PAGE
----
Instead of viewing these prayers as cold, lifeless habits, Seyyed Hossein Nasr highlights the spiritual rejuvenation they provide for those who view them correctly:
The life of the practicing Muslim is punctuated ever anew by the daily prayers, which break the hold of profane time upon the soul and bring men and women back to a sacred time. . .The prayers are a rejuvenation for the soul, protection against evil acts, and a shelter for believers amid the storm of the life of this world.
Seen in this light, these ritualized prayers serve an admirable and noble purpose through this regular interruption of the mundane with a reminder of the divine.
Ramadan Fasting (Sawm)
The third pillar of Islam is keeping the fast of Ramadan. Annually, for a period of thirty days, Muslims disrupt their daily rhythms by fasting from sunrise to sunset during a month called Ramadan. This fast consists of abstaining from food, drink, tobacco, and sexual relations for thirty days each year. Families will wake and gather before the sunrise to feast for the day. Then, each night, families, neighborhoods, and communities gather together to celebrate the breaking of the fast (iftar) at sunset. In the places I have lived, the atmosphere during the iftar is festive, welcoming, and hospitable for Muslims and non-Muslims alike.
The reason this month is remembered is that Ramadan is the month during which Muhammad began receiving the Qur’an. In addition to the heightened spirituality of the month as a whole, the last ten days of Ramadan are intensely spiritual as many Muslims remain in the mosque for extended prayers throughout the night. These ten days are believed to include one night known as the Night of Power (Laylat al-Qadr) on which God pours out additional blessings, forgives sins in abundance, and is extraordinarily inclined to answer one’s prayers.
Usually practiced in abundance during the month of Ramadan, the fourth pillar of Islam involves acts of charity (zakat). In Islam it is customary that one should give two and a half percent of one’s wages throughout the year. This money can be given to the mosque, to Islamic charities, or directly to the poor.
The zakat is viewed as an opportunity for Muslims to recognize that their wealth ultimately belongs to God. Furthermore, zakat reminds believers of their duty to care for the less fortunate within the Ummah. The Qur’an reminds believers of this duty to steward what God has given them in Qur’an 2:267, which states, “You who believe! Contribute from the good things you have earned, and from what We have provided for you from the earth.”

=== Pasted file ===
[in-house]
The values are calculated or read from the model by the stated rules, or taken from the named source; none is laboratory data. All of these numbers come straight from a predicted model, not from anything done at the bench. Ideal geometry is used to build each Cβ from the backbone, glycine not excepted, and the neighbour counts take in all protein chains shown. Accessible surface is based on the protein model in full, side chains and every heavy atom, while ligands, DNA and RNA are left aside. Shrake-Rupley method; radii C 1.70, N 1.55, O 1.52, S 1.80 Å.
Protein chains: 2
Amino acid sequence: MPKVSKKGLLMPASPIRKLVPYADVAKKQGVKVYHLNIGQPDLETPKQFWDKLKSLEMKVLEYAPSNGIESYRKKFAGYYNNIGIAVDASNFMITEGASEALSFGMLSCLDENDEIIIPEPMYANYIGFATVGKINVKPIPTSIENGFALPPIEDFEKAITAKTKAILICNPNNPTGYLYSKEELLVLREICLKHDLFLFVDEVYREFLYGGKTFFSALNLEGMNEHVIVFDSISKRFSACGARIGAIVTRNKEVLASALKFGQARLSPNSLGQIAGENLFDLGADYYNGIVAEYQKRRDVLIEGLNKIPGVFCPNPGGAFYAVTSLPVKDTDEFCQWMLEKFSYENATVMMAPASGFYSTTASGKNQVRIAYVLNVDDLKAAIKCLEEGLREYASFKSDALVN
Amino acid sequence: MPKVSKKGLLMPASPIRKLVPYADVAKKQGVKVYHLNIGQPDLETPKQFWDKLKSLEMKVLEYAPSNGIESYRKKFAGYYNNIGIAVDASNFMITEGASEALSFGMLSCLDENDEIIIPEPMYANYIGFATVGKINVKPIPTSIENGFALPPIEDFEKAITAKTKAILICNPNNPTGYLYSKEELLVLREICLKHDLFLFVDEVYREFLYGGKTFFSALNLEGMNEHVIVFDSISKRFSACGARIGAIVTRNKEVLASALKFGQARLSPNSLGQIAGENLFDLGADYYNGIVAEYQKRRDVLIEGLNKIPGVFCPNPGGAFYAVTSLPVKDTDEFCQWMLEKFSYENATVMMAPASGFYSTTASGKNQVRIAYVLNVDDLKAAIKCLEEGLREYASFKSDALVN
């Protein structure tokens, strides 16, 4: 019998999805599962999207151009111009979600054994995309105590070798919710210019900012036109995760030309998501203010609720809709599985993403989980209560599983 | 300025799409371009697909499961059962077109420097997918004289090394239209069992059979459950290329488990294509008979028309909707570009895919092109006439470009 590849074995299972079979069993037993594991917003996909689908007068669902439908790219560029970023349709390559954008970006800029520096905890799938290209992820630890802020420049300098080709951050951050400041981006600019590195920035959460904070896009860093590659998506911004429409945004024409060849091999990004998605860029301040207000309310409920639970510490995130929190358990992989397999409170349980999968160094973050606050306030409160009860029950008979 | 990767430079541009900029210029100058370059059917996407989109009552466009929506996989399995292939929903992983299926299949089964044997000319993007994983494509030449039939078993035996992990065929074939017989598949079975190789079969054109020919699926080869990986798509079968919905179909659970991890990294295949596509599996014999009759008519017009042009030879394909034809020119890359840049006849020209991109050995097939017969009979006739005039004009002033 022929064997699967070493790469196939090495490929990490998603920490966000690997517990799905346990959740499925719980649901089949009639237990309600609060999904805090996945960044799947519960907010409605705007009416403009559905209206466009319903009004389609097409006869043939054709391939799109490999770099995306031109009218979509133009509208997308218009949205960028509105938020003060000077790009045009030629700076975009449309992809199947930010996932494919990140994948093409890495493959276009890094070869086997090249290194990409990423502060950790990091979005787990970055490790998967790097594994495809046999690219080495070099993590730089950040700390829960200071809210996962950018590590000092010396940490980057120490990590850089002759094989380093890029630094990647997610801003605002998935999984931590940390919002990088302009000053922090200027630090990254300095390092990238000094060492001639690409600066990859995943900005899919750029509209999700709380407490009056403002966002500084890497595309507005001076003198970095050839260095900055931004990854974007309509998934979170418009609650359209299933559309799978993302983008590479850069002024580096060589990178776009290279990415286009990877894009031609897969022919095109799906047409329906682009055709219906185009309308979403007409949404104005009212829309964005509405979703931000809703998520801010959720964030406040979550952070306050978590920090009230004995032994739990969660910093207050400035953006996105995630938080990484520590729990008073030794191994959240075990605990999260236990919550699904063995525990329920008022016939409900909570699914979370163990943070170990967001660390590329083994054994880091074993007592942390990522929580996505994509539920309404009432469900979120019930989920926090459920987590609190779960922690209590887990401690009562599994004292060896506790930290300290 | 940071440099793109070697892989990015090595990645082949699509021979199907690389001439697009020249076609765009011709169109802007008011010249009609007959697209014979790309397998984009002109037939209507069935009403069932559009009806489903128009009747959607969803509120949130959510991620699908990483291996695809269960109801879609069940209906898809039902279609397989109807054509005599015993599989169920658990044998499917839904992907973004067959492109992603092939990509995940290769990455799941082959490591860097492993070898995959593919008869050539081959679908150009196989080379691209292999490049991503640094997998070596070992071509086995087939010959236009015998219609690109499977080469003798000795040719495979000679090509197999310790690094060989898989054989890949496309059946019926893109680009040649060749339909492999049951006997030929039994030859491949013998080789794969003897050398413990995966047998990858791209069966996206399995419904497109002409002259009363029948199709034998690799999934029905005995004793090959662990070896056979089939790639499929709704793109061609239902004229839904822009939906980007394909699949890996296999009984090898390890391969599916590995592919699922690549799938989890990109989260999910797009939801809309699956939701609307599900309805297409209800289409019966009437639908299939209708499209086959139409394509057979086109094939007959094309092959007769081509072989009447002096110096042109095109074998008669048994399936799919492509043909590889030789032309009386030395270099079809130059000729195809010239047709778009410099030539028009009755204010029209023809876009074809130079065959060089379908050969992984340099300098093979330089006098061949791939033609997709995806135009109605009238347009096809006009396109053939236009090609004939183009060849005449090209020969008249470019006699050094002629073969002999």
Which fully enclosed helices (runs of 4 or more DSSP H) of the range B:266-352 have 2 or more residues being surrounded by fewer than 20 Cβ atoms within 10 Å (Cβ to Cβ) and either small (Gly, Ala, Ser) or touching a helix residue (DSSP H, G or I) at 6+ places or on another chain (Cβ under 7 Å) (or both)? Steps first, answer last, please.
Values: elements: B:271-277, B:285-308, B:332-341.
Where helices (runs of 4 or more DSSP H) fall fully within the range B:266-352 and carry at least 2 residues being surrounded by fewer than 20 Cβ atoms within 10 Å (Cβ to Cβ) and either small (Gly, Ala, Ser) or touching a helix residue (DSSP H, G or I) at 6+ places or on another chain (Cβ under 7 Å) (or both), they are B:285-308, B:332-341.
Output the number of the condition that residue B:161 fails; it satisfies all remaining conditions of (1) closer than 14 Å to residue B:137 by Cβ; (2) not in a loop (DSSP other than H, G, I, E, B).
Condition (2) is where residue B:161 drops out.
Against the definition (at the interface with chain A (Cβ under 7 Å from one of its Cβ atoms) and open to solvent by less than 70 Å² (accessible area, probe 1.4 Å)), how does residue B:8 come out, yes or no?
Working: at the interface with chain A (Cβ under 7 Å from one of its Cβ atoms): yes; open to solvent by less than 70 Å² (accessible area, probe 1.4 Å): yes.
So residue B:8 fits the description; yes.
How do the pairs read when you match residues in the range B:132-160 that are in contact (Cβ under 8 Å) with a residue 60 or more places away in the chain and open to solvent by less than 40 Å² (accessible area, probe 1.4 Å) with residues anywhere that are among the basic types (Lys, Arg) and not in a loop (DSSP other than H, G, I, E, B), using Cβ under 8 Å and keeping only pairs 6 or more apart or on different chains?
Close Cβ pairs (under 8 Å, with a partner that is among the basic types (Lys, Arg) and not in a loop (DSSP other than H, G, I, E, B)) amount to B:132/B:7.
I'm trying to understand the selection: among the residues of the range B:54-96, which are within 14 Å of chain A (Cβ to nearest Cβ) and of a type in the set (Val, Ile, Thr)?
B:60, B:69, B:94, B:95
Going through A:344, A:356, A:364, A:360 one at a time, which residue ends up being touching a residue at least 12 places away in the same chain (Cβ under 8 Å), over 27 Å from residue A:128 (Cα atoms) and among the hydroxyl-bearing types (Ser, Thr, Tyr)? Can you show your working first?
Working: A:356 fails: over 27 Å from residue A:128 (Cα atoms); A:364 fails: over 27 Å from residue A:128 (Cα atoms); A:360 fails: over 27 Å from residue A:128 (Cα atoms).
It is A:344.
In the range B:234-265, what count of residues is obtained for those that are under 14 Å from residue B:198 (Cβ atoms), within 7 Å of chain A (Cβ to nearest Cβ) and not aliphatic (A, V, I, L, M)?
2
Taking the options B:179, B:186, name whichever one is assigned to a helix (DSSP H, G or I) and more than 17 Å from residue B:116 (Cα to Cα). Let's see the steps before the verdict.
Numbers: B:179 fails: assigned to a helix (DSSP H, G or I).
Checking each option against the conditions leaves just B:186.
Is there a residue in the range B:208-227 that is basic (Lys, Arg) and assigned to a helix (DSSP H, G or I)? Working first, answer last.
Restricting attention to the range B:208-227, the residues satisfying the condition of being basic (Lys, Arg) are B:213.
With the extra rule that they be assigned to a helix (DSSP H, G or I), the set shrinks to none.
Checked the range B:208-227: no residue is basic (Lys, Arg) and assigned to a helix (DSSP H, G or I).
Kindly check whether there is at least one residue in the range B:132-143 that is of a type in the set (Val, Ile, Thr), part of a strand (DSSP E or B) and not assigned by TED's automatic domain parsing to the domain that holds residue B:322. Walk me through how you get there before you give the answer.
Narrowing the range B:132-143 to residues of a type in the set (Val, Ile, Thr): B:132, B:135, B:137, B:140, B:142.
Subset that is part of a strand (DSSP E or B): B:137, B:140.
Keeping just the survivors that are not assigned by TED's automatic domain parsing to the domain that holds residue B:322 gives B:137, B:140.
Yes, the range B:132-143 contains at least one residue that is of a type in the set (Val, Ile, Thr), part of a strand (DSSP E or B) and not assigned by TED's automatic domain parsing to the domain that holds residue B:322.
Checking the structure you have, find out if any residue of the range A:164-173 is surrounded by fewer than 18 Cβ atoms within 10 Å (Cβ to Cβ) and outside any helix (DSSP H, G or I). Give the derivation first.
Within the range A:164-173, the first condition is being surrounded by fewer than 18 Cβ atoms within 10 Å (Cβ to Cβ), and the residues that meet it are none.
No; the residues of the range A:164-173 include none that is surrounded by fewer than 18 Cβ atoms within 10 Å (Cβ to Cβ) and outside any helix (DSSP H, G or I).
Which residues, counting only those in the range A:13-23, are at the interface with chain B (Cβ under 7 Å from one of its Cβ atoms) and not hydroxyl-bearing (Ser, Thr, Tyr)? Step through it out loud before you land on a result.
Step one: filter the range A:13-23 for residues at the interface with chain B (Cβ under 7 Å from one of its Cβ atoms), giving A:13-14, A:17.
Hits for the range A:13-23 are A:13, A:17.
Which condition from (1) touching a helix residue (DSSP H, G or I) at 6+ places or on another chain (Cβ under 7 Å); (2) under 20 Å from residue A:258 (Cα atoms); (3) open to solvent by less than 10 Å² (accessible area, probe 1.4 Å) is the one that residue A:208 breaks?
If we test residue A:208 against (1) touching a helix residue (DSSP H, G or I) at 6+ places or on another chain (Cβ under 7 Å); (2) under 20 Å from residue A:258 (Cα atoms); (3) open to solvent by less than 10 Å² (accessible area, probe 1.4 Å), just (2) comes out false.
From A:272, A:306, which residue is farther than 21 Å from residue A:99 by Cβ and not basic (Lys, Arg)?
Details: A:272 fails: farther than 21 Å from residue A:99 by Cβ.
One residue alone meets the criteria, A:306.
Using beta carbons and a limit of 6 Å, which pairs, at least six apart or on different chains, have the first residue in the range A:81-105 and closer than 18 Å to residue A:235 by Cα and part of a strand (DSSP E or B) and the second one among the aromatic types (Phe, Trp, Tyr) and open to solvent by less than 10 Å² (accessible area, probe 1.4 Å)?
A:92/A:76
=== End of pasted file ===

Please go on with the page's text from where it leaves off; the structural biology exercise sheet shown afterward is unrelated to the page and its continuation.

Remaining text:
During Ramadan especially, increased numbers of beggars tend to congregate in Muslim cities so as to avail themselves of people’s charity. Begging is often considered a reciprocal act whereby the needy are cared for and the faithful are able to fulfill their duties during a month of additional merit. Qur’an 2:271 speaks of the rewards of giving, promising, “If you make freewill offerings publicly, that is excellent, but if you hide it and give it to the poor, that is better for you, and will absolve you of some of your evil deeds. God is aware of what you do.”
Another common time for increased almsgiving is approximately seventy days after the end of Ramadan, during the Feast of the Sacrifice (Eid al-Adha). This festival will be the subject of Question 29, “Who is Abraham in the Qur’an?” However, it is pertinent to mention at this point that the meat of the sacrificial animals is divided into quarters and distributed to family members, neighbors, and the poor as an act of charity.
Pilgrimage to Mecca (Hajj)
The celebration of Eid al-Adha is connected to the final pillar of Islam: the pilgrimage to Mecca (hajj). While the previous four pillars are daily and annual features of Islamic practice, the pilgrimage is obligatory only once in a person’s life, and then only if the individual is able to afford it. Those who do not have the resources to make the journey are excused from the obligation, though it is usually the dream of observant Muslims to visit the birthplace of Islam.
The centerpiece of the hajj journey is the circumambulation of the black granite temple known as the Ka‘ba, which is located in the middle of the Sacred Mosque in Mecca. Qur’an 22:26–27 instructs believers to walk around the Ka‘ba, while later tradition records various other elements of the ritual connected to Ibrahim’s precedent. Following in Ibrahim’s footsteps effects purification and blessing for Muslims during the hajj.
The traditional hajj journey is taken approximately seventy days after the end of Ramadan, during the month known in the Islamic calendar as Dhu al-Hajja, from the eighth day through the thirteenth. Observation of Eid al- Adha occurs on the tenth day of Dhu al-Hajja. Sacrificial animals are ritually slaughtered at daybreak all around the world on this day.